Late this summer, Charlotte Hornets rookie Miles Bridges asked his 238K followers on Instagram — particularly those living in his new city — for a favor: Could they recommend places to worship here?
This is still a layup for Charlotte, right? We’ve long been a city that’s had pride in its deep and diverse faith community. You know the stat — at some point, someone said we had more churches per capita than any city in the United States. People mention that even now.
So how’d we do with Miles Bridges?
“It was good,” he told me this week after a practice before Wednesday’s season opener. “I got a lot of responses — about 25 churches.” Bridges says he hasn’t had time just yet to check them out, for obvious reasons. But he will, and there’s a good chance he’ll tell his fans some about the places he goes. He’s unafraid to talk about his faith — “My relationship with God has always been the No. 1 thing in my life,” he told me — both in interviews and social media.
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That’s a good thing. Bridges is showing signs of becoming the next big star in Charlotte on the basketball court, which means he could become something more off it, if he wants. People who know him here and from Michigan State, where he starred for two years, tell me he’s genuine and has a deep spirituality that will resonate with folks in his new city.
Will there be more than that? When I asked if there are athletes he’ll model himself after off the court, he thought about it a moment and said: “LeBron.”
It’s too early to know what form that might take for Bridges. Maybe he’ll be the LeBron James who’s active in helping the communities where he lives and works. (“I want to look for opportunities to bring kids closer to God,” Bridges says.) Or maybe he’ll be the LeBron who talks about ways those communities — and our country — can be better for everyone. Bridges says he knows that athletes have a platform. Many, like the Panthers’ Torrey Smith in Charlotte, have used it thoughtfully.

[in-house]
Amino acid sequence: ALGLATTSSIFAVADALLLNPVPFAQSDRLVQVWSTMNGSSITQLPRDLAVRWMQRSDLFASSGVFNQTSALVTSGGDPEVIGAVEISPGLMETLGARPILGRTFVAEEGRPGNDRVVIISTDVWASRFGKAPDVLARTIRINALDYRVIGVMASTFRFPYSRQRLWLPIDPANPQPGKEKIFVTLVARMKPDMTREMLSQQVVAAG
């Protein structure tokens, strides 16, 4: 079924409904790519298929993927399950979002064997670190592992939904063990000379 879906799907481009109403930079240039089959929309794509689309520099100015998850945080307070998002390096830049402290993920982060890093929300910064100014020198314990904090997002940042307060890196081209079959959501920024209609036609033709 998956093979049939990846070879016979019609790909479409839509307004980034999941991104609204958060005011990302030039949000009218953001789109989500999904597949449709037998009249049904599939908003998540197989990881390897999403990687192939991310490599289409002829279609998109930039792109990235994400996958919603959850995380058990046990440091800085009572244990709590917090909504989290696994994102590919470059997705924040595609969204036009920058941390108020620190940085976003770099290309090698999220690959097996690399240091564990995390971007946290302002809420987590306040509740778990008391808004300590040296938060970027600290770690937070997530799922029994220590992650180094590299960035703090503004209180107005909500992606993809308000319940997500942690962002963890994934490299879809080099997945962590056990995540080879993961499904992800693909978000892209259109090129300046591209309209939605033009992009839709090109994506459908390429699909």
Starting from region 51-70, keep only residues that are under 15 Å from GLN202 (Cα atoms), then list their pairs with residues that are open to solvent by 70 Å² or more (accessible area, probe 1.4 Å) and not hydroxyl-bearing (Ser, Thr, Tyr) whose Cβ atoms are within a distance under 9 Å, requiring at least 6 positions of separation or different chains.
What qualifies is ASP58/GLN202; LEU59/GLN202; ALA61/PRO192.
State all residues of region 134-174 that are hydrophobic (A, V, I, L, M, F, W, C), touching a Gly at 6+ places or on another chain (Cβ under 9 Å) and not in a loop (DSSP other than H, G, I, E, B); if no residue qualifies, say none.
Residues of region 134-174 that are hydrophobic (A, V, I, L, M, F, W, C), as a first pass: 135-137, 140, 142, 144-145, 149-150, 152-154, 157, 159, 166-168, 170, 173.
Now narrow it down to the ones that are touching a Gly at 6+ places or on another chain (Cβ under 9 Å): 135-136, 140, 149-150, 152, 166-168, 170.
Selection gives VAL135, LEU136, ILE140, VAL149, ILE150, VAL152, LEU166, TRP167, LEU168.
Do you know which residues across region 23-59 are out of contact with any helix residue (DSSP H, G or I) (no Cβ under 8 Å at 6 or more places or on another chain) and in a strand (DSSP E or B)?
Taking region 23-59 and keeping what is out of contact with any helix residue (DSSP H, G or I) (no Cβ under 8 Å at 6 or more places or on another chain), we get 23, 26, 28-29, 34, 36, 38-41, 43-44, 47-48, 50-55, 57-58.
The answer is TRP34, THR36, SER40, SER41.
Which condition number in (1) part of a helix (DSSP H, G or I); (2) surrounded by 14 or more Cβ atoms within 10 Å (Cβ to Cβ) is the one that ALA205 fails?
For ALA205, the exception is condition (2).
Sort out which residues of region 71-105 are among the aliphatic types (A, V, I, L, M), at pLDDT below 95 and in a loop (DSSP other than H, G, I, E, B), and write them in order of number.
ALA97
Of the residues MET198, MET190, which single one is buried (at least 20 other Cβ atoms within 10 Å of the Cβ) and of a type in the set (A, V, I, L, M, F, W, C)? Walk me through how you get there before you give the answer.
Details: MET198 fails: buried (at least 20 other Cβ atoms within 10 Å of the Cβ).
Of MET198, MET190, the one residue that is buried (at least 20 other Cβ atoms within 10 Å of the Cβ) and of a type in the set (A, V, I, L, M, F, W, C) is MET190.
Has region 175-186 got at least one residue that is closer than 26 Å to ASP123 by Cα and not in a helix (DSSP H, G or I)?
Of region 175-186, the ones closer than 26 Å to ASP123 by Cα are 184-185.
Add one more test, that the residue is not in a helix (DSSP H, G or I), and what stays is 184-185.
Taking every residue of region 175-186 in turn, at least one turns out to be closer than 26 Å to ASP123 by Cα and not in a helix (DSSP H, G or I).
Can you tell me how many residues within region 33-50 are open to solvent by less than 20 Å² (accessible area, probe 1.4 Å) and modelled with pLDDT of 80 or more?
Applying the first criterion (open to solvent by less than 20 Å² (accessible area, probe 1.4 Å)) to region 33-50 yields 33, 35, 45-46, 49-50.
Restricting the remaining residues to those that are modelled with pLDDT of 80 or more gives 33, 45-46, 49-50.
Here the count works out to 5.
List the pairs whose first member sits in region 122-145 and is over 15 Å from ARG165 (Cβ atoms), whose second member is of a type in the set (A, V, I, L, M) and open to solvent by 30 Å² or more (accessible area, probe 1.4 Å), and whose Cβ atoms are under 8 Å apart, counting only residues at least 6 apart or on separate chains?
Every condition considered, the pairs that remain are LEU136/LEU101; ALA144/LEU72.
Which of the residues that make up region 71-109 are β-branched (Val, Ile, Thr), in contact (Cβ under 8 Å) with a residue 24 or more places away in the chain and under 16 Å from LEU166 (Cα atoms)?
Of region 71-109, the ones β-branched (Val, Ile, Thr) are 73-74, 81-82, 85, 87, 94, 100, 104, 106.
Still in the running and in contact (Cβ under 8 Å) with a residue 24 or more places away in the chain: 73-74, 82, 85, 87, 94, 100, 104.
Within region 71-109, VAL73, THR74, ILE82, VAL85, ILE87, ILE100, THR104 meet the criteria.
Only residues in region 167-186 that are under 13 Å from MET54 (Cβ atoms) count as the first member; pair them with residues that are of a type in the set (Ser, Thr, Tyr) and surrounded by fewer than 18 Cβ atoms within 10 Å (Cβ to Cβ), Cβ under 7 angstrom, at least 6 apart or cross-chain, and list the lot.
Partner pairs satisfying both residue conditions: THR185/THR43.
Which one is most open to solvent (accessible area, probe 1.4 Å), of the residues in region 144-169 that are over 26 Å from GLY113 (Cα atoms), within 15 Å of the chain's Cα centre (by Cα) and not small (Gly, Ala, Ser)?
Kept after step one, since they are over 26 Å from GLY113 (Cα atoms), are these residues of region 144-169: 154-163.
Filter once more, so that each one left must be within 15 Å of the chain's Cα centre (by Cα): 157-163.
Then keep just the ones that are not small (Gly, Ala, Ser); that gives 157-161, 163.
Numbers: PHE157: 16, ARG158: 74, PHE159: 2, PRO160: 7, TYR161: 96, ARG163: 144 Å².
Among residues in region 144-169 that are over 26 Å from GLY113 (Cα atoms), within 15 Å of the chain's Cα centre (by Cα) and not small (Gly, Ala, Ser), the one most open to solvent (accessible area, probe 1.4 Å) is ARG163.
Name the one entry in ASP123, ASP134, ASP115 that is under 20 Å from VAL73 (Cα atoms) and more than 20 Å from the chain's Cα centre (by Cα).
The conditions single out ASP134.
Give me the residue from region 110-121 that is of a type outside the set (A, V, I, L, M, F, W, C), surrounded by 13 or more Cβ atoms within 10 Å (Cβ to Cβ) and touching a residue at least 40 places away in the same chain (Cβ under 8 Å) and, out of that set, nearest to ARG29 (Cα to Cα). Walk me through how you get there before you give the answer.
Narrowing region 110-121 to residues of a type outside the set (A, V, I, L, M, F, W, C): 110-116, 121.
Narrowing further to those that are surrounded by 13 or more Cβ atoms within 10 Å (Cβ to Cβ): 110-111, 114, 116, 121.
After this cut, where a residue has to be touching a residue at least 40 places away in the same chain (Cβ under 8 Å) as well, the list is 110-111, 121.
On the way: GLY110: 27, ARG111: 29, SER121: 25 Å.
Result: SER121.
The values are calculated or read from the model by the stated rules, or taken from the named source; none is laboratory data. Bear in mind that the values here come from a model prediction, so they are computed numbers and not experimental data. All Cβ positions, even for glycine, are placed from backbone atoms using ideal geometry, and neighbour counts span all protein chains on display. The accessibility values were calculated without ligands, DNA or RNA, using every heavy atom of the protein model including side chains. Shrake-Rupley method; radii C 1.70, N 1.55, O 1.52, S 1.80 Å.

That platform also will make some people uncomfortable — but that’s nothing new. Sports fans have long been a bit hypocritical when it comes to athletes. We want them to be multi-dimensional, but not really. We like when they’re personable and thoughtful — more than just canned cliches — but when they start thinking too much, people start getting squirmy.
But if you like a player asking about what church he should attend in Charlotte — and you should — seems like it should be OK if that player asks how his city can be a place that lives up to Christ’s ideals.
Will Miles Bridges be that kind of athlete in Charlotte? Maybe, or maybe not. He’s sorting out a lot of things right now. Like what kind of basketball player he can become. And what kind of life he’ll have in his new city. It’s a lot like any young person starting a new chapter in a new place. “Some people don’t realize it, but athletes are regular people, too,” Bridges says. Multi-dimensional. They care about things. They talk about it on social media. They go to church. Maybe you’ll see him at yours.